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Advances in CHO Cell Line Development for Biotherapeutics

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A diverse array of biological medicines – including therapeutic proteins, hormones, monoclonal antibodies, cytokines, enzymes and vaccines – are now used to prevent and treat a wide range of illnesses. While some of these biotherapeutics were originally obtained from natural origins, such as donated blood, many are now synthesized using advanced biotechnology techniques, providing a safer and more reproducible source.

Building upon the earliest protein-based therapies, such as insulin, the field has continued to make remarkable progress. Nowadays, the development of much larger and increasingly complex proteins, such as bispecific or trispecific antibodies, is ushering a new era of advanced biotherapeutics. Engineered mammalian cell lines have emerged as the preferred system for manufacturing these products – due to their capacity to facilitate appropriate protein folding, assembly and post-translational modifications (PTMs).

In recent decades, mammalian cell line development has undergone profound enhancements, significantly boosting production efficiencies. Achieving titers exceeding 10 grams of protein per liter of culture has become possible through a combination of optimizing host cells, expression vectors, screening methods, media and innovations in process development.

A brief history

High-performing, stable and robust cell lines are the fundamental building blocks for large-scale manufacturing of biotherapeutic proteins.


Chinese hamster ovary (CHO) cells are by far the most commonly used hosts for commercial therapeutic protein production. Their significance dates back to 1986 when the approval of CHO-derived human tissue plasminogen activator revolutionized medicine – opening the door for using mammalian cell culture for manufacturing therapeutic proteins.

In addition to their historical usage, CHO cells offer several advantages – including their capacity to thrive in large-scale suspension culture, their ability to produce high yields of recombinant protein and their compatibility for growth in serum-free, chemically defined media. This last feature ensures both consistency across different batches and enhanced safety by avoiding media containing human or animal-derived additives that could harbor potential contaminants, such as viruses.

However, other legacy systems such as Sp2/0 and NS0 mouse myelomas and baby hamster kidney (BHK) cells are also still in use – and more recently, human cell lines have also been developed, offering reduced immunogenicity and improved PTM.

From gene to medicine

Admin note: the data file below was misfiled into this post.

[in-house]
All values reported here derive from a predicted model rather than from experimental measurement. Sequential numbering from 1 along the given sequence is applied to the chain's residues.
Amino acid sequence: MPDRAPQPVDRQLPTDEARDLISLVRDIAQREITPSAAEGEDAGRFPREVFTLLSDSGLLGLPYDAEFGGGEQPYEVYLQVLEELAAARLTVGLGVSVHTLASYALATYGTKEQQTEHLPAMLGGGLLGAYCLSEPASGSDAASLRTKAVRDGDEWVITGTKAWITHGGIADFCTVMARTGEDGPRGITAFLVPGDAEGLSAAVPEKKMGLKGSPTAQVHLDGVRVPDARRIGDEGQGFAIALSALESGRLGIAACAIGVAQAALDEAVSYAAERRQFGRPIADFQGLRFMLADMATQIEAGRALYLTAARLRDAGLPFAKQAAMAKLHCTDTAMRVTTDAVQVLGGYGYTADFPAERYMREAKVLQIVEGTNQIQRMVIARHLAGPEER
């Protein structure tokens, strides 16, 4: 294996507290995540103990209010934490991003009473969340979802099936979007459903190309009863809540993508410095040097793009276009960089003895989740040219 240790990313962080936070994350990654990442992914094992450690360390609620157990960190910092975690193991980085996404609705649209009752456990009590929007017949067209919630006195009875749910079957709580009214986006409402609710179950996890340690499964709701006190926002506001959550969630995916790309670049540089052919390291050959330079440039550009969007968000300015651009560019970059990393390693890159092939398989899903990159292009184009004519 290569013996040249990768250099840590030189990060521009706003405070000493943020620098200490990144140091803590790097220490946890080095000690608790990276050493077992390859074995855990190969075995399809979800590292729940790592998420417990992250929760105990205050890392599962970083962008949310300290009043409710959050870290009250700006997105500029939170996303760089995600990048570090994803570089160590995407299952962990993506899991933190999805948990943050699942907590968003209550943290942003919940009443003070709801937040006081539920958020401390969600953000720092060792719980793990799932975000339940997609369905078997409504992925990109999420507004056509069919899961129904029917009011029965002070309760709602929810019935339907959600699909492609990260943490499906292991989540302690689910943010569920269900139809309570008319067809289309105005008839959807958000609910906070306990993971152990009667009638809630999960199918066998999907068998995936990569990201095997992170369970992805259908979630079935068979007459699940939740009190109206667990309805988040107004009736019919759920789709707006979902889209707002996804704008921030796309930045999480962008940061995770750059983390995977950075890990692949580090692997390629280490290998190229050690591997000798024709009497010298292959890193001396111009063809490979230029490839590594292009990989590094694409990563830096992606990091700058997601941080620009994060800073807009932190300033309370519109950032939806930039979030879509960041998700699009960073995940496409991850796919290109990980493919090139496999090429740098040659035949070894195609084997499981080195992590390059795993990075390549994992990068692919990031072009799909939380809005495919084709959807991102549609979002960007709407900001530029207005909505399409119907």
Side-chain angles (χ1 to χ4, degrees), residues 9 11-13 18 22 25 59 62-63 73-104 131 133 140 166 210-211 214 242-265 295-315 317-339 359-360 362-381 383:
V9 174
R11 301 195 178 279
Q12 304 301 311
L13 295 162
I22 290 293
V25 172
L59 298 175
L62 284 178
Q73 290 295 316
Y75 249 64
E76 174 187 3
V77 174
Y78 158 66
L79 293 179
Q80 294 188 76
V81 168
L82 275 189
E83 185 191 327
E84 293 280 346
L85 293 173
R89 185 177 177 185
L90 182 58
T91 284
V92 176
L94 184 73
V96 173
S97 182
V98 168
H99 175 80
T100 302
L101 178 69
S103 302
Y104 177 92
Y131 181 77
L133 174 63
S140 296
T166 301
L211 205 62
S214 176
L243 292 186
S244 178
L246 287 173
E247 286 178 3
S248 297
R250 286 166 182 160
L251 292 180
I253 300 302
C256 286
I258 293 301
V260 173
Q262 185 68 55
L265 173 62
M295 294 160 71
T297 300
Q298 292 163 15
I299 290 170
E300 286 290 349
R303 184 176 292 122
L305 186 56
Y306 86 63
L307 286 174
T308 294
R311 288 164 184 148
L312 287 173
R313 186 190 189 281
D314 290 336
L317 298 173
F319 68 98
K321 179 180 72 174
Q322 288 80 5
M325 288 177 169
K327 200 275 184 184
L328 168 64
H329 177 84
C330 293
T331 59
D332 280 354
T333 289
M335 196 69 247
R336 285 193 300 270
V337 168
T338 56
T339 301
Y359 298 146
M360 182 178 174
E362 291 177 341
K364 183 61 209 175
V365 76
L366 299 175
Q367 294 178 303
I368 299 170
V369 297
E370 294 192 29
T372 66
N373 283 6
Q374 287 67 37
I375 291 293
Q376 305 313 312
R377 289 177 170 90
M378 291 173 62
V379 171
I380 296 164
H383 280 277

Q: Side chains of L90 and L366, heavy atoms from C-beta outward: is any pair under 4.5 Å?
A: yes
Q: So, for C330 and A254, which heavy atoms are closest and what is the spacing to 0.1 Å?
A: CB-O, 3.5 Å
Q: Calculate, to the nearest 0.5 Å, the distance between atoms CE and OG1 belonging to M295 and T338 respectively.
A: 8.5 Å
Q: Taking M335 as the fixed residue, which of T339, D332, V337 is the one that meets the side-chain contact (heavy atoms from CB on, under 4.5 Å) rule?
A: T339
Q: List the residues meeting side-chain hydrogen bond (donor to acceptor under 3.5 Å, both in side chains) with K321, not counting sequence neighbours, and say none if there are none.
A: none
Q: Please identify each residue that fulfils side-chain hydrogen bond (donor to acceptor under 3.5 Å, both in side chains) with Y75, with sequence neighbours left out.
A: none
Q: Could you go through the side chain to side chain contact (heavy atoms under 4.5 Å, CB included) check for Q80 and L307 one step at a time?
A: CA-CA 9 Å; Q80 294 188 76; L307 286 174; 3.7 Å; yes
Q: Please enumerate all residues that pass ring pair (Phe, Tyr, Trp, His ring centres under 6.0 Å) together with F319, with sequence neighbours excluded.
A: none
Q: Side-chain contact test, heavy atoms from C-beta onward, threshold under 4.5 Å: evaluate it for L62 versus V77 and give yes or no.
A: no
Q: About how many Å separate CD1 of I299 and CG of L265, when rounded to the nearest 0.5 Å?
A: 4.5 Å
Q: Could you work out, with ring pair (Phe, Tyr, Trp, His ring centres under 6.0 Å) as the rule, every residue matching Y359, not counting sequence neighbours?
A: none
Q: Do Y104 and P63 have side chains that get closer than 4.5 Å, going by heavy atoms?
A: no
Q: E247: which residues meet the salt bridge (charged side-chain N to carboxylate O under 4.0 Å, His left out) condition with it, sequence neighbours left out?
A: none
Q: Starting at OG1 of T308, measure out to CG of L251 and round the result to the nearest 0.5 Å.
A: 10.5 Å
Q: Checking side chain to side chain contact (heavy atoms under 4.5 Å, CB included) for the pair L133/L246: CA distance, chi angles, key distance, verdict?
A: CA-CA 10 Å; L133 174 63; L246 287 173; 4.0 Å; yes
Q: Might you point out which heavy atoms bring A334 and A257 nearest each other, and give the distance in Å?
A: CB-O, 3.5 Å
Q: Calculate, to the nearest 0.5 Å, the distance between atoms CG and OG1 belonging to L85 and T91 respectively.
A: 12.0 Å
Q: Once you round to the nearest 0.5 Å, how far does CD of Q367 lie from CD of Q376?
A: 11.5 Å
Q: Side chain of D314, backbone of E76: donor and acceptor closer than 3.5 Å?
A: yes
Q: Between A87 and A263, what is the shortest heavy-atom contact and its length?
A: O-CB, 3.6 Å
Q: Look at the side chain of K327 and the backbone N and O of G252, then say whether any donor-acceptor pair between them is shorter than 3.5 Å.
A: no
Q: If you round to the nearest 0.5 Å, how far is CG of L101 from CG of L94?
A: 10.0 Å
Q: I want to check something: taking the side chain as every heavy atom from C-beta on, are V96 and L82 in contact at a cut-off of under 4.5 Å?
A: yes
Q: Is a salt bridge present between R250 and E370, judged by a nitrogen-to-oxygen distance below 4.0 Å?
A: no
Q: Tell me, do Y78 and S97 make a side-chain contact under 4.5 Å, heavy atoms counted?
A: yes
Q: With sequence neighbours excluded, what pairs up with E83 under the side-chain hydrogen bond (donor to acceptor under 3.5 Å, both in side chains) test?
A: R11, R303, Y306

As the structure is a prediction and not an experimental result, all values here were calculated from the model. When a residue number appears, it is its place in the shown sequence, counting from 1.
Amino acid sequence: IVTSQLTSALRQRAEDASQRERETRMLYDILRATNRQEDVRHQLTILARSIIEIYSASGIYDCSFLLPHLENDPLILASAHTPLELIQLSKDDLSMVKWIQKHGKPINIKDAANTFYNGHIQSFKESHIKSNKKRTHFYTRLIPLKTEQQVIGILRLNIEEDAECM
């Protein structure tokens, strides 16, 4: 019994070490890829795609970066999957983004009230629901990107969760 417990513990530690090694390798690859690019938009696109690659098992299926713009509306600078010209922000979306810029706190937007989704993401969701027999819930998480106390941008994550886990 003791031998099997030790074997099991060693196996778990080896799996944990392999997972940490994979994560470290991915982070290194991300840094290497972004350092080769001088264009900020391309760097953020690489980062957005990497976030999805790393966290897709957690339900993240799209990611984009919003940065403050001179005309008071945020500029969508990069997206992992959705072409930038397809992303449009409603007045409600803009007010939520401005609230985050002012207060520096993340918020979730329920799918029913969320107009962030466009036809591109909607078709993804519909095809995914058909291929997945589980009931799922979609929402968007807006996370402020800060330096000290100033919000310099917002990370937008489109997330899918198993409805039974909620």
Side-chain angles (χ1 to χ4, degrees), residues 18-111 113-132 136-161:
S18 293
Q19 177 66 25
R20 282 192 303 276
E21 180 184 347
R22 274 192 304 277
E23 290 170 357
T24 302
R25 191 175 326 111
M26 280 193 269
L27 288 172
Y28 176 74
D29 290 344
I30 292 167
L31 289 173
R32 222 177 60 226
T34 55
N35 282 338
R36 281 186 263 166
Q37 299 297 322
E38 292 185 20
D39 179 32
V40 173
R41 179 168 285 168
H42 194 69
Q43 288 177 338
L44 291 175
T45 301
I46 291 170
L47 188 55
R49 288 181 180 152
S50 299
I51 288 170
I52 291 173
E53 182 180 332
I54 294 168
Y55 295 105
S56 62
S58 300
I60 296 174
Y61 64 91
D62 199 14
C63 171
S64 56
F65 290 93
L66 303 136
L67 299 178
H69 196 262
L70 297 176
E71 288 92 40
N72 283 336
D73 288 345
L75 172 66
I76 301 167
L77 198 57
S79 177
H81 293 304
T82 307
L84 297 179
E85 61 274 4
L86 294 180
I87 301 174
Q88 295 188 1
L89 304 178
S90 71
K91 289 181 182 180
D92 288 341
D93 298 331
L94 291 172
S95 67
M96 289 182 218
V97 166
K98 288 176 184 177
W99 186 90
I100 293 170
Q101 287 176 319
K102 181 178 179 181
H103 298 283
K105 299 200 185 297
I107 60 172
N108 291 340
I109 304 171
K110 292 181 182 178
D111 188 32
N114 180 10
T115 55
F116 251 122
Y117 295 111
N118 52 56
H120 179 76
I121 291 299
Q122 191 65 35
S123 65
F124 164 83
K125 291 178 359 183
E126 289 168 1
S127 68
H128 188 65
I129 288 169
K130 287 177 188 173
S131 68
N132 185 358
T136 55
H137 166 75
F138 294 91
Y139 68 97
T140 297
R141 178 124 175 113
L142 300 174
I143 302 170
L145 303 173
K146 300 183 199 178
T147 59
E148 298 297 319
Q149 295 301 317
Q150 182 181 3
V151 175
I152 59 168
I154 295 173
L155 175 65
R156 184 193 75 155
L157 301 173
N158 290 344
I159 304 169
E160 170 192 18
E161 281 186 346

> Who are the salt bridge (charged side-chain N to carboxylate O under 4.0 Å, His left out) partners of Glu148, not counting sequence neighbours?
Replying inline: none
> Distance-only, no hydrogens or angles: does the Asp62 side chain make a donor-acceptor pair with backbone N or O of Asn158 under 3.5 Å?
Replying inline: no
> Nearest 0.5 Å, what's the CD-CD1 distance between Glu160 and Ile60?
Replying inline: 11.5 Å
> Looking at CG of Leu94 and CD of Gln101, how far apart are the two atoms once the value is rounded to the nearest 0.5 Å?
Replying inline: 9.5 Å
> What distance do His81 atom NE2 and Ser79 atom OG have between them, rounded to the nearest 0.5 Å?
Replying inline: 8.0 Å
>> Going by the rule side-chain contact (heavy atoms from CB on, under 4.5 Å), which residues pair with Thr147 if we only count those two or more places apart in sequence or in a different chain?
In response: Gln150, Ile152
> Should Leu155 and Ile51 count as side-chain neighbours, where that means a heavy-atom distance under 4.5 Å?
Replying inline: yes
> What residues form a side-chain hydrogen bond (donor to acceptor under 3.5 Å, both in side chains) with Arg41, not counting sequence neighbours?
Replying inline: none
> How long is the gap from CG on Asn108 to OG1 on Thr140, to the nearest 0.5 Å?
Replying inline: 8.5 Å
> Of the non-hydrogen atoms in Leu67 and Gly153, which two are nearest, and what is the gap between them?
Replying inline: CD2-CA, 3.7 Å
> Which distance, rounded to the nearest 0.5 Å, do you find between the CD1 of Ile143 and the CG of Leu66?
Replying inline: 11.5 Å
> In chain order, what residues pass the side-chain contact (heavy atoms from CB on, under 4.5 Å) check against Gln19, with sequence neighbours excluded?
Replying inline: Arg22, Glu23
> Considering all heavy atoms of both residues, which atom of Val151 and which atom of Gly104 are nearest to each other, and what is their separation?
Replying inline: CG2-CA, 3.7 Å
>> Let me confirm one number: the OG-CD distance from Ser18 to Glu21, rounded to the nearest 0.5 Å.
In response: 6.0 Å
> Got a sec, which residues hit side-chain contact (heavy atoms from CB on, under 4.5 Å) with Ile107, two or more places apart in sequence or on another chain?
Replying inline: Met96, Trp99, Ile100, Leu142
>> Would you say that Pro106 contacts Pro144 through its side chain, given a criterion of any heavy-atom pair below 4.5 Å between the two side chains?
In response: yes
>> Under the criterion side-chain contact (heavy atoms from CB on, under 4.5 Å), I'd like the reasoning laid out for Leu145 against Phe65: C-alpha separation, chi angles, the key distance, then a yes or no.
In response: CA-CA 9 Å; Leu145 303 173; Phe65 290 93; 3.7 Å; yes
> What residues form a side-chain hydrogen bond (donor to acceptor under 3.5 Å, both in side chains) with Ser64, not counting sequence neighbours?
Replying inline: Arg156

The cell line development process typically begins with cloning the gene of interest into an appropriate vector, such as a plasmid or viral vector. This construct is then introduced into a suitable host cell line, giving rise to a mixed population of cells. Subsequently, single cells carrying the vector are isolated and proliferated – with thousands of monocultures then subjected to a rigorous screening process to select the most suitable clones for large-scale production.


The next step is to confirm the stability of the clone over many generations. Long-term culture brings the risk of spontaneous mutations – and if any of these changes confer a selective advantage, this could lead to unwanted variations in the end product. “For reasons we still do not understand, some cell lines are more likely to create truncation variants,” explained Susan Sharfstein, professor of nanoscale science and engineering, University at Albany.

The Sharfstein laboratory investigates the role of cell physiology and culture conditions in the production of therapeutic proteins and carbohydrates, with the aim of refining production systems.

Optimizing cell growth conditions – such as media composition, temperature and pH – is a critical step for maximizing cell viability and output.

When developing cell lines there are a number of essential issues to consider, including stability and demonstrated clonality, noted Sharfstein, but “growth and specific productivity are the most critical.”

Accelerating cell line development

The cell line development process is a time and labor-intensive process, typically requiring six to twelve months. To help accelerate these timelines, researchers are investigating a variety of vector and cell engineering strategies in efforts to generate high-producing mammalian cells.


In recent studies, Sharfstein and her team have been exploring the impact that epigenetics has on CHO cell productivity, an area of growing interest. Epigenetic silencing has previously been implicated in loss of productivity. However, supplementation of short-chain fatty acids such as butyrate can enhance cell-specific productivities in CHO cell lines. Sharfstein attests to this: “It is well known that addition of sodium butyrate may increase productivity, and this is probably due to an epigenetic mechanism, in which histone deacetylation is inhibited.”